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Analyst Interview of Nentendo 2007 by Chairman/CEO Iwata
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Analyst Interview of Nentendo 2007 by Chairman/CEO Iwata

Nentendo's corporate investor relations have published a financial results briefing for the 67th fiscal term of the company, ending March 2007. In it, they stage a 27 question and answer session with Nintendop CEO Mr. Iwata.

Much of what is discussed is relevant ony to Nintendo investors, or the general gaming market. However, several passages are very interesting:

Question 4
Tell me about the Wii Channel possibilities and its effects upon your sales and profits. Right now, except for Virtual Console, you are offering all the services for free of charge. How will you take advantage of them, as marketing tools or as a revenue source? Will you also increase the number of paid services?

Answer
We created the Wii Channel structure after asking ourselves such questions as "How can we make a video game machine that will be relevant to all family members?" and "How can we make Wii the machine that puts smiles on surrounding people's faces?" In other words, we did not mean to make it to be a revenue source in the beginning. Having said that, however, the Wii Channel has ended up with a structure that has a number of potentials. The structure to electronically deliver and bill for the contents is up and running globally, as has already been demonstrated with the Virtual Console. So, when Nintendo thinks we have a Channel which is worth asking our customers to pay for, we are in a position to make a business out of it.


Question 7
At the Tokyo Game Show of September 2005, Mr. Iwata mentioned that the unique controllers for Wii would be good for First-Person Shooter games. What kind of core-gamer reactions have you received, say, for Metroid Prime 3?

Answer
The game has yet to hit any market, so my comments are referring only to the feedback from the game's testers. Talking about the first-person shooters in general, many of the players are playing FPS games on their PC, not on home console systems. Specifically, I heard they often say that FPS are more effectively played with keyboard and mouse rather than home video game systems' controllers. They can aim the target with mouse and move their characters with keyboard. Those who recognize that mouse and keyboard combination is the best for FPS are now sharing with us their impression that Wii Remote and Nunchack of Wii give them quite similar play feel.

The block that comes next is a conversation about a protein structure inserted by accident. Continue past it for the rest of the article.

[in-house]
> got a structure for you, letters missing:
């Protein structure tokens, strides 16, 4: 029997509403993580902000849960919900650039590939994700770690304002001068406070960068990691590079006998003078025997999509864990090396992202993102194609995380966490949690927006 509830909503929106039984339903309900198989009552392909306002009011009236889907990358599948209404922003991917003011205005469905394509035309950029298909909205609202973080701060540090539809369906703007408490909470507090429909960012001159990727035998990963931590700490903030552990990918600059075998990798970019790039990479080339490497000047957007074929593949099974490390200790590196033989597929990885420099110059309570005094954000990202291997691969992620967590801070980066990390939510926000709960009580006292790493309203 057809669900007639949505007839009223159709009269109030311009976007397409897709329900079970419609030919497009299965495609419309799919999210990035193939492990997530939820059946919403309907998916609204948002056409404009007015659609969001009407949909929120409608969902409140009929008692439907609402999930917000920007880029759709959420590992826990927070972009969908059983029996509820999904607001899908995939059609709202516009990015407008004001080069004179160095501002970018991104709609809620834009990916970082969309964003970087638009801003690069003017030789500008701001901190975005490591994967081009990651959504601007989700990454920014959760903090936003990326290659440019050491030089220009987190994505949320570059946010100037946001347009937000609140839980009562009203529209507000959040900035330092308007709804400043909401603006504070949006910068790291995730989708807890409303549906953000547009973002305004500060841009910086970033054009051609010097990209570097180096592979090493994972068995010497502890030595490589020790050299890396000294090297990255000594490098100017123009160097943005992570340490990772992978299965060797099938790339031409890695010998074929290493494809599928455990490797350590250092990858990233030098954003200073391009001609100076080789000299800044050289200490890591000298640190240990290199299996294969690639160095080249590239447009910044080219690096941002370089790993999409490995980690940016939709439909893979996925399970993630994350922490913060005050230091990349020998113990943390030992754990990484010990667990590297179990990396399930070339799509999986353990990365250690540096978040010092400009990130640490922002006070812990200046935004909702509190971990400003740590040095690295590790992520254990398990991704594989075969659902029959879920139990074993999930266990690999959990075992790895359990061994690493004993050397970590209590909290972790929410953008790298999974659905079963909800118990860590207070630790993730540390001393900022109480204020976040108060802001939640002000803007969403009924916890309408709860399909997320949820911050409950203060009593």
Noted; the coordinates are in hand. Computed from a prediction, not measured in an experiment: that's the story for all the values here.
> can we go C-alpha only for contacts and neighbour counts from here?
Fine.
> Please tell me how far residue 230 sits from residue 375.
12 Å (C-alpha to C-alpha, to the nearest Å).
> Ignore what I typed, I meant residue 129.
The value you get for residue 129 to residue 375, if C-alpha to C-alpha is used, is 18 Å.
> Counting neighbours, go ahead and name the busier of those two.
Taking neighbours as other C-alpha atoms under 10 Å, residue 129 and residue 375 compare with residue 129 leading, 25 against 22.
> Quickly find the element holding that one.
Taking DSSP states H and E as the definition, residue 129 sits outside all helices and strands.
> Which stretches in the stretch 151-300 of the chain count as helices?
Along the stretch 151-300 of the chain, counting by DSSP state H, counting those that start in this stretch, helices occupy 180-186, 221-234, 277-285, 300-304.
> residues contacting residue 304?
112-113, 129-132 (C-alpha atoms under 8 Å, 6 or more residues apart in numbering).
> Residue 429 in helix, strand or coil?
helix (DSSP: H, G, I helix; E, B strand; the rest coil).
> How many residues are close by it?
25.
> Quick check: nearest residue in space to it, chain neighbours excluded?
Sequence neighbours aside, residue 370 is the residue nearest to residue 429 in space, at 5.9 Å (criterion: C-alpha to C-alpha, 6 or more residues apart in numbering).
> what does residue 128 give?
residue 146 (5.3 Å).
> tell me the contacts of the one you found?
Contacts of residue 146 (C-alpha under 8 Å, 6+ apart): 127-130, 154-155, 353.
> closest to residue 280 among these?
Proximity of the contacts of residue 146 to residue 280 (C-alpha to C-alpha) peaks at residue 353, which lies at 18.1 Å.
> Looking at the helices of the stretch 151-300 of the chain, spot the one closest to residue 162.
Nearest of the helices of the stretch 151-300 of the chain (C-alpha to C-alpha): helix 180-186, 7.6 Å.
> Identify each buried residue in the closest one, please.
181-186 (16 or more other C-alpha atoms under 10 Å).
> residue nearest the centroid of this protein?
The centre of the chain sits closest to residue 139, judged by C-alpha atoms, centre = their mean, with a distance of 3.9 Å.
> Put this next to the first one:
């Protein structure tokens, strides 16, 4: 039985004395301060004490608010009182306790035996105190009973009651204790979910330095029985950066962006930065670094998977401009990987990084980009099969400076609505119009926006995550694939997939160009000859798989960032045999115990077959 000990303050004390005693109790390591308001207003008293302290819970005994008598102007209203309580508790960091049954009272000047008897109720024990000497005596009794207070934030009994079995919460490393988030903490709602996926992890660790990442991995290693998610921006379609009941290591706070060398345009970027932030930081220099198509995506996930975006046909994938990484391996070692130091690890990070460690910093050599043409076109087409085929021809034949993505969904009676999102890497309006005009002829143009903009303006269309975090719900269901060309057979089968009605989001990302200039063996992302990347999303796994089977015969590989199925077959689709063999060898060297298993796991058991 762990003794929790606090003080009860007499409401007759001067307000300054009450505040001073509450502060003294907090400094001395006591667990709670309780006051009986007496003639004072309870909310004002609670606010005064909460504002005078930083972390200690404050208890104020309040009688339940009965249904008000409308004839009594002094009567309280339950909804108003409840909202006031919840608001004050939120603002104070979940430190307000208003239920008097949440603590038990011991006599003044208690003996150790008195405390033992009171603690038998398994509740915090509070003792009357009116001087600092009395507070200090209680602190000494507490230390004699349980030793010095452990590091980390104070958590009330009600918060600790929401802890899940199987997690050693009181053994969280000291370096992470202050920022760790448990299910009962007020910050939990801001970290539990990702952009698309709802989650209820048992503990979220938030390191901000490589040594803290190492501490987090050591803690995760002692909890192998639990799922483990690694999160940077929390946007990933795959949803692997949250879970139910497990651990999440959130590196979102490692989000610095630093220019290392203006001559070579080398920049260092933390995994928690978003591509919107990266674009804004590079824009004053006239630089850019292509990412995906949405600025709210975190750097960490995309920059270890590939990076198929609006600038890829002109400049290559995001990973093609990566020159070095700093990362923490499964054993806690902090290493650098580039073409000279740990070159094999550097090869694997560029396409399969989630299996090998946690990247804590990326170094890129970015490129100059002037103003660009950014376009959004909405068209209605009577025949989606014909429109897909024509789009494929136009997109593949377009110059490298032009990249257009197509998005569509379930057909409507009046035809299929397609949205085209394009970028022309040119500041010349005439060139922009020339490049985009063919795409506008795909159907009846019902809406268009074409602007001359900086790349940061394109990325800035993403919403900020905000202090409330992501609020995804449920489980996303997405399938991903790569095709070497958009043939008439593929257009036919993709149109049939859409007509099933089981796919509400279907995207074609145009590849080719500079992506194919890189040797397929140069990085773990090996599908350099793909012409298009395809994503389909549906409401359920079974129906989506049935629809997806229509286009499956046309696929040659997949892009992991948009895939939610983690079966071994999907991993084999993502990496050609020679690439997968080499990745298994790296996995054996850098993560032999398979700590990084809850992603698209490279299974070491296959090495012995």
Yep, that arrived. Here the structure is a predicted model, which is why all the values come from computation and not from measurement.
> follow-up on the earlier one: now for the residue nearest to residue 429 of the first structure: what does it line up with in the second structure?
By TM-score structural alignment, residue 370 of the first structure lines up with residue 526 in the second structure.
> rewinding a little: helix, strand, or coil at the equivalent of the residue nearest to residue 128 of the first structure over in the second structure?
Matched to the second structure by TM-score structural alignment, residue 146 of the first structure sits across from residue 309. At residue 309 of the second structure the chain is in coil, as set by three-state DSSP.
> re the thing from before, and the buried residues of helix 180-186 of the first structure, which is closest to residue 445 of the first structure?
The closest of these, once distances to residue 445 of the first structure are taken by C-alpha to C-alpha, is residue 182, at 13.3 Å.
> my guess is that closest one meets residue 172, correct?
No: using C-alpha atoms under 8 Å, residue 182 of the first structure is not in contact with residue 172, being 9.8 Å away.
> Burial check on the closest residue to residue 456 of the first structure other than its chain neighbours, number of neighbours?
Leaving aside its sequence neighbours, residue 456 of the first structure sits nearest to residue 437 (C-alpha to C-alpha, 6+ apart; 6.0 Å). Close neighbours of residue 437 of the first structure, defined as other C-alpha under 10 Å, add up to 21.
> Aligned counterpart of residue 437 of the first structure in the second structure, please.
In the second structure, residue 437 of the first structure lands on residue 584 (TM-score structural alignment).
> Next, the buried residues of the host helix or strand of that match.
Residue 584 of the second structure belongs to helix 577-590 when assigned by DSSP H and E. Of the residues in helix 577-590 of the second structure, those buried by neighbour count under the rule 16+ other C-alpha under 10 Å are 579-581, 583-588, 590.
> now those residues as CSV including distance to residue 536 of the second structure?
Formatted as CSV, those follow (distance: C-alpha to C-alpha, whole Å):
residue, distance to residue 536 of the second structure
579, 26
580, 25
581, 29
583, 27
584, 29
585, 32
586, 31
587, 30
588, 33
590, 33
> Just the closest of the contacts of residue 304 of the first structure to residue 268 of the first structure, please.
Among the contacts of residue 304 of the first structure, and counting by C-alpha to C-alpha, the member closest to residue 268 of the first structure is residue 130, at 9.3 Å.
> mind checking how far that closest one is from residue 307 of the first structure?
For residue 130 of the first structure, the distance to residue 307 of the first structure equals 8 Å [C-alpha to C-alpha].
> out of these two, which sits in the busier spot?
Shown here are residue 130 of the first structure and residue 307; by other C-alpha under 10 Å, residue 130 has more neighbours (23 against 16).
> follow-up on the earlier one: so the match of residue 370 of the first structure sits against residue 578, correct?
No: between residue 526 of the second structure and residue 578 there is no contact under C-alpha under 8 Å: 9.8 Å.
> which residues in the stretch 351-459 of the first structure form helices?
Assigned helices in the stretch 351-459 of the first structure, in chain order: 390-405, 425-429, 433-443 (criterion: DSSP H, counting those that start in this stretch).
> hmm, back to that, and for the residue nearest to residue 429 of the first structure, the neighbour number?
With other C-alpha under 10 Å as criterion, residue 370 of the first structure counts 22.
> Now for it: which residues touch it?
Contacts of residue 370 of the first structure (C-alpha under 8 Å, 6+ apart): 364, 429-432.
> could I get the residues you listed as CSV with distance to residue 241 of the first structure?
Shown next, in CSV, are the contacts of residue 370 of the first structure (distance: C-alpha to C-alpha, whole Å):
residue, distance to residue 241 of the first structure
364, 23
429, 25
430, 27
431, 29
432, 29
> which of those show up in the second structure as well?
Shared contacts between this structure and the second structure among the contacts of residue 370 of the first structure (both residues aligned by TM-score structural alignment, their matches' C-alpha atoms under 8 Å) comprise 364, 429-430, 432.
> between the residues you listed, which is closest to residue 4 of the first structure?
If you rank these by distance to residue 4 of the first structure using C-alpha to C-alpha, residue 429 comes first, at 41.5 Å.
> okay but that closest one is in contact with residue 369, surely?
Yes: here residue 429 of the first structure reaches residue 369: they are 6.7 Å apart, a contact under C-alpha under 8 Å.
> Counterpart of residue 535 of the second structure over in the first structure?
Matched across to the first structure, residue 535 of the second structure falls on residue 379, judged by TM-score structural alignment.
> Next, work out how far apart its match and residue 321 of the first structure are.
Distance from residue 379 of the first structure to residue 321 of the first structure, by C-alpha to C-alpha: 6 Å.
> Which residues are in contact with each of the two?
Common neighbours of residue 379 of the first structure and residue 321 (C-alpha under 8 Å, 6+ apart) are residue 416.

...

Even those who are not good at FPS are now commenting that the Wii Remote and Nunchuck are lowering the hurdle for them to get started. We really want to invite newcomers to the world of first-person shooter games. Also, there are other areas where rather sophisticated play control systems have already been established, such as sports game titles that EA is famous for. With the Wii Remote and Nunchuck, we believe there are lots of new possibilities which are worth exploring.


Question 13
Nintendo has been taking very cautious attitudes on doing anything other than game entertainment. I also understand that this is not the year when you should explore something completely different in a public way, as you should focus upon the expansion of Wii hardware. However, I would like Mr. Iwata to tell us what kind of image you have about the challenge, schedule and size of these non-gaming efforts.

Answer
You said that Nintendo has been cautious in doing anything other than games. It is true that Nintendo is an entertainment company and that Nintendo should focus upon entertainment. However, my understanding is that entertainment is expanding its framework. In the past no one would think that training your brain or studying English could be a video game, but they do now. Even cooking is a video game today. Compared with how Nintendo defined video games 5 or 10 years ago, we are now involved in far greater fields.